genesis was doing 3d games before snes was a thing at a reasonable framerate

 

kind of sort of at the end of the snes life they farted out a 3d accelerated game or two, only 1 worth playing and the entire affair was quite a poor showing from both sides compared to the fairly reasonable cost computers of the time

 

now moving from facts to opinion, I have always hated the snes sound, it has this air of upper scale k-mart casio from the era of kurzweil, 99% of the time its very simplistic thin and melodically waffles like listening to a used organ salesman at the sad mall in your local city

 

the yamaha system sega used may have had its low points, and the later red box games just sounded like farts and grunts but musically it could put out if one tried

 

both are good systems though

I do agree that many SNES games have weak sounding music other than the first party Nintendo games but go listen to the SNES Kirby music and you can see just how amazing it can sound. What Nintendo did with Kirby's Dreamland 3 puts the N64 (which had just been released around a year prior) to shame.

 

But in my primary focus on retro gaming, shoot em ups... the Genesis really kicked the crap out of the SNES both is sound and gameplay (no slowdown like the SNES)..

 

In games where you want techno and synth sounds Genesis wins... In RPGS the SNES wins.

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Oh and don't forget all the more or less ridiculous stuff that followed in the wake of CD. Sure, dial up services existed before but now most of the console makers tried some variety of rudimentary internet service. Movies was released for them in absolutely horrible quality. We got digital photo collections in pixelfest quality, and even encyclopedias and the Bible released on CD for some systems.

 

Yeah I imagine living through it was horrible.

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Johnny Turbo comes across as sooooooo desperate.

 

I had the same Sherlock Holmes game in a shovelware pack that came with my very first CD-ROM player, a single-speed clamshell with a SCSI interface to my Mac. I'm pretty sure it was on computers before any console got it, not that "first!" means anything in this industry.

 

Fun fact: that game was a paper dossier "gamebook" first. You had to pore over the clues, including reading a bunch of simulated newspapers, before taking your guess, at which point you'd open a sealed envelope.

https://boardgamegeek.com/article/27256117#27256117

https://en.wikipedia.org/wiki/Sherlock_Holmes:_Consulting_Detective_(gamebook)

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Hehe, I think I touched a nerve. Don't worry, all in the spirit of good healthy debate. And like I said, I love the Genesis. It was my system back in the day and taken as a whole, I like the Genesis library more than the SNES library.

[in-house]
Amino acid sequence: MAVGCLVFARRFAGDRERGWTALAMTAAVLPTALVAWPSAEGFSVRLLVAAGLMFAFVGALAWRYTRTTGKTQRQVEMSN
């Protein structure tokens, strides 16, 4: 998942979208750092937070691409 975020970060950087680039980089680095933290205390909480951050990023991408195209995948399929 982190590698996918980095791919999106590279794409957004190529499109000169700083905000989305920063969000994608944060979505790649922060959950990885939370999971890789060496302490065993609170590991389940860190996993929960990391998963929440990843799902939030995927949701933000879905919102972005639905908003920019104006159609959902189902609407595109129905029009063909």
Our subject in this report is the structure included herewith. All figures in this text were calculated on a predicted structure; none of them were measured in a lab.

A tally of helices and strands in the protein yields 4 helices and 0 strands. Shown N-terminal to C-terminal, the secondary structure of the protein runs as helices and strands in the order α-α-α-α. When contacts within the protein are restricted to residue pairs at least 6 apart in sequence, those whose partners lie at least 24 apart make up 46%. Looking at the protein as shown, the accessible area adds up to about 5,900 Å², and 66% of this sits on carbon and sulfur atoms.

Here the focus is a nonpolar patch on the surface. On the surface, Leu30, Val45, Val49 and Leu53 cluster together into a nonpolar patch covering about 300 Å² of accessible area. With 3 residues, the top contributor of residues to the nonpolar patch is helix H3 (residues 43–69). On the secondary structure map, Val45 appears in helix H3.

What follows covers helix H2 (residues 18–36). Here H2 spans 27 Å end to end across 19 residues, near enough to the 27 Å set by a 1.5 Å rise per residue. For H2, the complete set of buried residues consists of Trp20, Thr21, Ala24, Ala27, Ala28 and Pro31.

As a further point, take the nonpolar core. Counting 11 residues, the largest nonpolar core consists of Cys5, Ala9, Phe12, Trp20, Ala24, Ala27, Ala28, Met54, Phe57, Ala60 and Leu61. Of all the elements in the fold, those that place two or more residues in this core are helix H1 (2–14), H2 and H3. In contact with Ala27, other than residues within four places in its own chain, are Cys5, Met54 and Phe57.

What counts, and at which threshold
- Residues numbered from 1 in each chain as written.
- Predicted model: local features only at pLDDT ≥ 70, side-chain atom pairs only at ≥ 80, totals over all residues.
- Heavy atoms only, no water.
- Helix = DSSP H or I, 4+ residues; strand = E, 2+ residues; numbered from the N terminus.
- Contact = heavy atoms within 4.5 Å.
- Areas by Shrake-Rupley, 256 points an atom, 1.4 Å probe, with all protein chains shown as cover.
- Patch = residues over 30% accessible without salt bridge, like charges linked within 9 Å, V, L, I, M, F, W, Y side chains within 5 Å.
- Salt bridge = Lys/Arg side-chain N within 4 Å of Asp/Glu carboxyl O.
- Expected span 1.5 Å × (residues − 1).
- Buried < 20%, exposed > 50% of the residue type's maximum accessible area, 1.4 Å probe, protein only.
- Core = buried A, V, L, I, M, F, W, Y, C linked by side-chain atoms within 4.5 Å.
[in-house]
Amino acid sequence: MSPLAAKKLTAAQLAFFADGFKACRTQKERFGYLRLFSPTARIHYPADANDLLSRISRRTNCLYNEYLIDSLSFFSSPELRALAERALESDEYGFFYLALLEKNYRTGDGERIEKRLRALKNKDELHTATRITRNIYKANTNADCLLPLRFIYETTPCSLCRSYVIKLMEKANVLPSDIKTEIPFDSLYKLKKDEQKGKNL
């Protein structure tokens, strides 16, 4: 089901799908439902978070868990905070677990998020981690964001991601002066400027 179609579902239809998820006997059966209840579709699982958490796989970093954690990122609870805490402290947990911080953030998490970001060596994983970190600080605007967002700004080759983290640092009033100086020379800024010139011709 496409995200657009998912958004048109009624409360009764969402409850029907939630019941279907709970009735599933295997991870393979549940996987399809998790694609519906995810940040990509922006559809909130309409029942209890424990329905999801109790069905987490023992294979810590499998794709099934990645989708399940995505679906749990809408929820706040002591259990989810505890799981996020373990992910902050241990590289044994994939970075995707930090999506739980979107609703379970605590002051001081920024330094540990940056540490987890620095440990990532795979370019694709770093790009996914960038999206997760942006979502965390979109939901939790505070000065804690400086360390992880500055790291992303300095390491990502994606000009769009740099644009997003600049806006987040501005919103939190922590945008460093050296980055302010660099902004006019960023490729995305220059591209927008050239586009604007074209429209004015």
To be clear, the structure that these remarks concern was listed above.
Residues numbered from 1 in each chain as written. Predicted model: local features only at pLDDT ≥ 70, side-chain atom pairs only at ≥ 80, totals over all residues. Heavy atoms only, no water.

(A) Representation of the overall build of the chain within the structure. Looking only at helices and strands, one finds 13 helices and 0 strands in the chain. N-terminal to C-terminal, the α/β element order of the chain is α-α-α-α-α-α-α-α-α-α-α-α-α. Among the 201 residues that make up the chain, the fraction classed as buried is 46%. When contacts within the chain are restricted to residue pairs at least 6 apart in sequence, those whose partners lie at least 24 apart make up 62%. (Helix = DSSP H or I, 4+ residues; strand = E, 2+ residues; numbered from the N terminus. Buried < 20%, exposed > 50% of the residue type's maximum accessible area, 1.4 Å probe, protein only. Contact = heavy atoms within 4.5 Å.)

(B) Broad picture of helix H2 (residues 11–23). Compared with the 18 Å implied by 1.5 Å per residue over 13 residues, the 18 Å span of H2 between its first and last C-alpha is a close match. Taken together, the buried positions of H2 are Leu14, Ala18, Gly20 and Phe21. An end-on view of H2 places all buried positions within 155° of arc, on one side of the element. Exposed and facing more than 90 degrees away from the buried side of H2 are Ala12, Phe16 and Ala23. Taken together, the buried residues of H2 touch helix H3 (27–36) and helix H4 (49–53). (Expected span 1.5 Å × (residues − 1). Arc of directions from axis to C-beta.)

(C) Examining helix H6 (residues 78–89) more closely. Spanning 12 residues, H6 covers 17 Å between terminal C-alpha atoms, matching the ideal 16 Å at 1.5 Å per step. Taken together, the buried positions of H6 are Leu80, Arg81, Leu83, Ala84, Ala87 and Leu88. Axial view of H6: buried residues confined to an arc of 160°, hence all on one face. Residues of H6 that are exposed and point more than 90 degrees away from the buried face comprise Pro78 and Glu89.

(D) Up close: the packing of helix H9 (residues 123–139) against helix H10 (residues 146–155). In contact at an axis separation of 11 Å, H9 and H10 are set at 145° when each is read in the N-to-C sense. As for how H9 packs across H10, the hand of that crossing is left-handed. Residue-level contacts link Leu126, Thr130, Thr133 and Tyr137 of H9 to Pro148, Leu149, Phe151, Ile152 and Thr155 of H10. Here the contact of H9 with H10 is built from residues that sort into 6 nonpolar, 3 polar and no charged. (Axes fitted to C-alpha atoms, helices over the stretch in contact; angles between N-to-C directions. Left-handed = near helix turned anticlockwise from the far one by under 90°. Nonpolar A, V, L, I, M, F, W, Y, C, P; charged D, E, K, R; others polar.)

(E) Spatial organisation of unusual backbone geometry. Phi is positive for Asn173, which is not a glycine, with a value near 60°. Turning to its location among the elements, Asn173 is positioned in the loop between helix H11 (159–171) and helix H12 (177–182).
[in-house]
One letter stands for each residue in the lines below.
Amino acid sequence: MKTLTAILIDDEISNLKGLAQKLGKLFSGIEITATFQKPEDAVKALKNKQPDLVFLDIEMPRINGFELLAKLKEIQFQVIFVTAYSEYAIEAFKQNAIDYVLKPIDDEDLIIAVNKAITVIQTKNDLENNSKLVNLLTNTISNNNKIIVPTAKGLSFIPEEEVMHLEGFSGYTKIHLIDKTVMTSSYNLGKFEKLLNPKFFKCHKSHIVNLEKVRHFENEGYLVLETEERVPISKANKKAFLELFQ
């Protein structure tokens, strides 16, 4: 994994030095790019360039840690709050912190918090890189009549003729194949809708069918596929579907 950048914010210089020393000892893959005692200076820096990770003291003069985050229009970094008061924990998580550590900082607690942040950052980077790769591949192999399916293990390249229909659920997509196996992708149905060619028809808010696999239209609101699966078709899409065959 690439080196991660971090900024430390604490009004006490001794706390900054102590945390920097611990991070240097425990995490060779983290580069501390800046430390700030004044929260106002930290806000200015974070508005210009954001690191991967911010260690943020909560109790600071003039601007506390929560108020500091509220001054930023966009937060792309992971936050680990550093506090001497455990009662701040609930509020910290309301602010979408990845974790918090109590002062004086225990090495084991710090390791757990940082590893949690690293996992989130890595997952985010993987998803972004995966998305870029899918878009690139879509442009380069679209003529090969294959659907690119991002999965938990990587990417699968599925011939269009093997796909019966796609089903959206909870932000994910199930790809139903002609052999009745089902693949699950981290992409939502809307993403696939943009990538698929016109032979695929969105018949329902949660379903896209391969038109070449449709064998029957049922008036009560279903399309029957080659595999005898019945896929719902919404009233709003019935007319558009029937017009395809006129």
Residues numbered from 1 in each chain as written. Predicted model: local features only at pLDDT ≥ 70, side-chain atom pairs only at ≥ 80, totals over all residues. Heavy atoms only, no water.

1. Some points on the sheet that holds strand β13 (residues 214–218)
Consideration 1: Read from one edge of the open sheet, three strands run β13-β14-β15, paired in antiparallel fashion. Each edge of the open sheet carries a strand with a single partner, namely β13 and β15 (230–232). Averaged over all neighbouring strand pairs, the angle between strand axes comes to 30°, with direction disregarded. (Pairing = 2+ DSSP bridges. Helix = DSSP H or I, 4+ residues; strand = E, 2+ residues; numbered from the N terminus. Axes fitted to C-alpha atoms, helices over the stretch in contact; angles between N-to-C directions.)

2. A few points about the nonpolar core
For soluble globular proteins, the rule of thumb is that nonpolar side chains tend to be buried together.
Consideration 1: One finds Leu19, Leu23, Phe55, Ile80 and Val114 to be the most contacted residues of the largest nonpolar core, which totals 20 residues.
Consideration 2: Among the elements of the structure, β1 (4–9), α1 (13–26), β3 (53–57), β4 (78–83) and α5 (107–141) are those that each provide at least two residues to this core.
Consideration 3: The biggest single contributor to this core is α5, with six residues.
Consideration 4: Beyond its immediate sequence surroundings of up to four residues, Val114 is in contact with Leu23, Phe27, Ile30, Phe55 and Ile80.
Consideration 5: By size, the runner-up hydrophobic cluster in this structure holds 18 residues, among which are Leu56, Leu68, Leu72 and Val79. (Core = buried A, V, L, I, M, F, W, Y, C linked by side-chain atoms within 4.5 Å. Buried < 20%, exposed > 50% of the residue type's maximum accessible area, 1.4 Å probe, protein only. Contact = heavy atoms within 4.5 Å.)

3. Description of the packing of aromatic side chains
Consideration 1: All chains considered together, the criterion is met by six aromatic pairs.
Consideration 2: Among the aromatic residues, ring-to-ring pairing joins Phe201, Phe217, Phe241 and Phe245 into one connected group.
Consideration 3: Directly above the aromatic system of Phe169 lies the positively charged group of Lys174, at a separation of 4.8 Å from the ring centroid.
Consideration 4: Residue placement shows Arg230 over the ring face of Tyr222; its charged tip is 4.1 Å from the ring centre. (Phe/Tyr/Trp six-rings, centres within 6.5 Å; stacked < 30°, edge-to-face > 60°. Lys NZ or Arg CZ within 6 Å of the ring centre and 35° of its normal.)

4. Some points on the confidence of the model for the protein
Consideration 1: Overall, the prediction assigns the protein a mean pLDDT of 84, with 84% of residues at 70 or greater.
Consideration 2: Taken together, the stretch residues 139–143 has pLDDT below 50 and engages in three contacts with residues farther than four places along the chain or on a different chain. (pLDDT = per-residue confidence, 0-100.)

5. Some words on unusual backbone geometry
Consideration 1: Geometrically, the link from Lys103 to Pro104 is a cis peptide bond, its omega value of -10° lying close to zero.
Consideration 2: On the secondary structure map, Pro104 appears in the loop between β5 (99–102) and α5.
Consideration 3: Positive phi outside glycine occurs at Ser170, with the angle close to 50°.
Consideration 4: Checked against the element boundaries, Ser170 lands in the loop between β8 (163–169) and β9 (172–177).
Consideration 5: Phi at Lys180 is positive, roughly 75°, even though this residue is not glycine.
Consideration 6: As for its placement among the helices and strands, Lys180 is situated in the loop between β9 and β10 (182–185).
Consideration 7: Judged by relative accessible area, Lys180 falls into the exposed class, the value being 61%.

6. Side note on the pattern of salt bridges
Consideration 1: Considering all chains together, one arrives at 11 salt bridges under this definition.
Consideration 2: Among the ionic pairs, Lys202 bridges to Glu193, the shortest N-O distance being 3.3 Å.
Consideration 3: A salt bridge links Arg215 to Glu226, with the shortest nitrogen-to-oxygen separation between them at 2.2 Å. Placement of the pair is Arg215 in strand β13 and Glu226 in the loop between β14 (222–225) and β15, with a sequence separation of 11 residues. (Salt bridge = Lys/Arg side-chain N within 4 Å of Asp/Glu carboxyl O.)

Having said that...

genesis was doing 3d games before snes was a thing at a reasonable framerate


I didn't say otherwise. I just said the SNES was the first system to offer hardware 3D support. It wasn't much, to be sure, but it was more than the Genesis or any prior system had. Of course there were several 3D games for the Genesis and before, but until Virtua Racing came along they had to do all that number-crunching in software.

now moving from facts to opinion, I have always hated the snes sound, it has this air of upper scale k-mart casio from the era of kurzweil, 99% of the time its very simplistic thin and melodically waffles like listening to a used organ salesman at the sad mall in your local city


I actually agree with you. That sampled MOD sound the SNES has roots it squarely in the early '90s, and the SNES's limited storage space, especially in early cartridges, meant being subjected to very short and very low-quality samples sped up and slowed down to the point of ridiculousness. Even so, it was 100% digital audio, which was where the future was headed. The next generation of systems improved on the tech, and consoles haven't had any hardware operators or oscillators since.

the yamaha system sega used may have had its low points


The only real low points the Genesis sound system had were the corners Sega cut in many of the console models to turn the sound into a muffled, muddy mess. When you had a good quality console playing good quality sound programming, you would be hard pressed to come up with any other system then or before, arcade games included, that sounded better. It was the pinnacle of analog (or analog-modeled) synthesized video game music and effects. But it also marked the end of an era, where the SNES's sound hardware represented the beginning of the next era. In that respect, it's no surprise tech based on a decade of acquired knowledge could sound better than tech that was just starting to get cheap enough to put in mass-produced consumer electronics.

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I feel like Biff is shaking his fist at his monitor, not being able to partake in this discussion.